I can see how that could happen. It is such a different era than when we grew up, Elizabeth. Don’t you remember how when one of your friends moved away, it was quite likely you wouldn’t hear from that person again? Since nearly every kid has a phone these days, it is much easier for them to keep in touch. Some years I would have my students write an old fashioned letter to a family member or friend; many did not know how to write one or even address an envelope.

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      1. My class was so stable that only one or two kids even moved. I did write to one who moved.

        Liked by 1 person

  9. Excellent post Pete! I will share it with my new teachers.

    Liked by 1 person

    1. petespringerauthor August 16, 2019 — 8:04 pm

      Thanks, Paul. You must be gearing up for a new school year. This was about the time those old butterflies got churning in expectation of a new group of children.

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  10. Isn’t it wonderful to be connected with your former student(s)? Thank you for sharing this post, Peter. I also wish all the teachers a wonderful school year ahead. 🙂

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    1. petespringerauthor August 16, 2019 — 8:10 pm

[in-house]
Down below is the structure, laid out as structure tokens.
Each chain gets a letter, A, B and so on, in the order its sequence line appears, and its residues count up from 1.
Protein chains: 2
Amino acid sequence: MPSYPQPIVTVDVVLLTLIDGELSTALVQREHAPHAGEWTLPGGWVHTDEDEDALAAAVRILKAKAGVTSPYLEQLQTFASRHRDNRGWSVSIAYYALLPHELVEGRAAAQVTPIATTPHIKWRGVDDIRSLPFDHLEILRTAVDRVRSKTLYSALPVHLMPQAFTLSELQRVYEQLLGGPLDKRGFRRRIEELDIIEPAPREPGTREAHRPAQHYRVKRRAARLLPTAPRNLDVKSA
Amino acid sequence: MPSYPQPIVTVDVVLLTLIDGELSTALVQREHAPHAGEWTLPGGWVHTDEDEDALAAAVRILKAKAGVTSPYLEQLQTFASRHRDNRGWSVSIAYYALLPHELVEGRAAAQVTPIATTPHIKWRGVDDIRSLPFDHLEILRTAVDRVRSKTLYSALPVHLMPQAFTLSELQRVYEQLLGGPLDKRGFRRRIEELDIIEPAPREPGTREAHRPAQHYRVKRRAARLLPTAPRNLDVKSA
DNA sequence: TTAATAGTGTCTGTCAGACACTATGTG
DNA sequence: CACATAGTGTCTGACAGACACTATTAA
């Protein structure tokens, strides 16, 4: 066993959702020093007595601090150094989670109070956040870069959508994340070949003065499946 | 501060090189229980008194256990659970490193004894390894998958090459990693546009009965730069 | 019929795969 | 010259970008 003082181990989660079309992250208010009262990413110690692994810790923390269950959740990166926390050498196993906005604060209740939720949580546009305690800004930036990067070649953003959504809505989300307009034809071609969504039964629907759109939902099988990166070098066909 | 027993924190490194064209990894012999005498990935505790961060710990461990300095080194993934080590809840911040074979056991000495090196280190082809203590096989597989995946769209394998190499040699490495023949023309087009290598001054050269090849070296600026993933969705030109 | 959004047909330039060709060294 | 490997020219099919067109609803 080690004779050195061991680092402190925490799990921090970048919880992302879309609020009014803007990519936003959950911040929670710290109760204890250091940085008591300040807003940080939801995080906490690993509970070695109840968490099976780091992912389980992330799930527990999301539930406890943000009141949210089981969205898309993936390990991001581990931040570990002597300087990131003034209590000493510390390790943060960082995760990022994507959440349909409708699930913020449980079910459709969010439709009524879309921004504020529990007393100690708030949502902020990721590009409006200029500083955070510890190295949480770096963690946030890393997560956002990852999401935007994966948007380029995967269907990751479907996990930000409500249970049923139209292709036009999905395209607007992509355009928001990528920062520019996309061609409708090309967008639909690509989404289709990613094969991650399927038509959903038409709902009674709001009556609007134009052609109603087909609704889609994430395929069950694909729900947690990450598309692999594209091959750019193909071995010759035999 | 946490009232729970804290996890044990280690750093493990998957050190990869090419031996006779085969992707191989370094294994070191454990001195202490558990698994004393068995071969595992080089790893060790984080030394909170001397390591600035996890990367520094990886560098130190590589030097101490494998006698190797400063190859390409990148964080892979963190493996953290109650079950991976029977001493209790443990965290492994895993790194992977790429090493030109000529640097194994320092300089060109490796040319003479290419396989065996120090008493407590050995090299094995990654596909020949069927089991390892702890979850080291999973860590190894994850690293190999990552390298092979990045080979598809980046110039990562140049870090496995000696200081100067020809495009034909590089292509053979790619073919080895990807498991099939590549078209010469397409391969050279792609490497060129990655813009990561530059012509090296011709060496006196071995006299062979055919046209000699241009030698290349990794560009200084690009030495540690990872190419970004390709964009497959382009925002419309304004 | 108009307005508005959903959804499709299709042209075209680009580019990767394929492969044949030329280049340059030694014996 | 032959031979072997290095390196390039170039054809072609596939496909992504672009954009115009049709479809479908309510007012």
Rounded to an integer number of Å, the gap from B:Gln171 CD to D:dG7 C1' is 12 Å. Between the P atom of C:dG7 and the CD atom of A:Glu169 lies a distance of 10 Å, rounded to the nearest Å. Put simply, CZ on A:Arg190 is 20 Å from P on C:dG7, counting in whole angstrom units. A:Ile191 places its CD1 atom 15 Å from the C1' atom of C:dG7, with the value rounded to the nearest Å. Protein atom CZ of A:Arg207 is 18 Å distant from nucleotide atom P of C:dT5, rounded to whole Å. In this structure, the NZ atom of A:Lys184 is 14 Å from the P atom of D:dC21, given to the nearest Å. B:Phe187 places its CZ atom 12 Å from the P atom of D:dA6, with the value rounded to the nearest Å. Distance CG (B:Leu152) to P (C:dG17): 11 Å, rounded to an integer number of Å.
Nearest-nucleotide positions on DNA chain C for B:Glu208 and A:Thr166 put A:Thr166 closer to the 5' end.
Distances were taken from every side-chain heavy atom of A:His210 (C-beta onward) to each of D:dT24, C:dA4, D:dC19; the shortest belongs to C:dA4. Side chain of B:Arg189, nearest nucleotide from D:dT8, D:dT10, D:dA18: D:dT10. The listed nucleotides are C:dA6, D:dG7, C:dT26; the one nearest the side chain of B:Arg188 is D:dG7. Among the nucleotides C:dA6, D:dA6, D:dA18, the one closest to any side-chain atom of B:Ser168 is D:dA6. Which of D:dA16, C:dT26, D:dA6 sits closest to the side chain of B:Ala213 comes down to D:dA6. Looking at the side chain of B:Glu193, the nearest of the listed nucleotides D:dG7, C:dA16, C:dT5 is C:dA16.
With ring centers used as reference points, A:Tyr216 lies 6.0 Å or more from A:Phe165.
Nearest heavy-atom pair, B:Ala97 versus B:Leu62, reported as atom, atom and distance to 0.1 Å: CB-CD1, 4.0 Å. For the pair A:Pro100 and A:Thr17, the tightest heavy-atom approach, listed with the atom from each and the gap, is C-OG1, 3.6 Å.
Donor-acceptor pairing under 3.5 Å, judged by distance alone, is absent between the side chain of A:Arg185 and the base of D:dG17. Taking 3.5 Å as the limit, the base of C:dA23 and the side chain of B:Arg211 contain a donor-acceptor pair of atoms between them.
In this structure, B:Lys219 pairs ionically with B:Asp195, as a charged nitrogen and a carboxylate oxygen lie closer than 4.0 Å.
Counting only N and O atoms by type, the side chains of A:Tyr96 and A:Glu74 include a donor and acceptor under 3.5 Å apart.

Do you miss it, Miriam? What I find is I miss the excitement of being around kids and my colleagues, but I do not miss the long grind of the school year. It gets to be a test of one’s endurance. The most significant change for me is my health—I’ve only been sick once in three years.

      Liked by 1 person

      1. I know what you mean, Peter. I taught 14 years and was in district administration for 10. Then I had cancer, but I needed one more year to make 25 years for the maximum retirement benefit, I went back to teach one more year before retirement. I was sick (really sick) three times that year.

        Liked by 1 person

      2. petespringerauthor August 16, 2019 — 9:22 pm

        That sounds horrible! No one should have to put their health on the line to maximize retirement. I toyed with becoming an administrator, but two things stopped me: 1. I still loved teaching and spending my day with children. 2. I don’t think I have thick enough skin to be an administrator.

        Liked by 1 person

      3. You’re right about number 2. Being an administrator is a sandwich, always get caught in the middle.

        Liked by 1 person

  11. A really great post. When I did my degree I wanted to be a teacher. My school teacher sister talked me out of it. My maths is awful, (though I did get my GCSE grade c eventually on 3rd attempt at college evening class). With very little confidence I gave up on my dream. I have old school teachers now on my Facebook. We rarely talk but I’m sure they are possibly watching over Facebook and maybe feeling pride of how well alot of us have done. Hope that makes sense.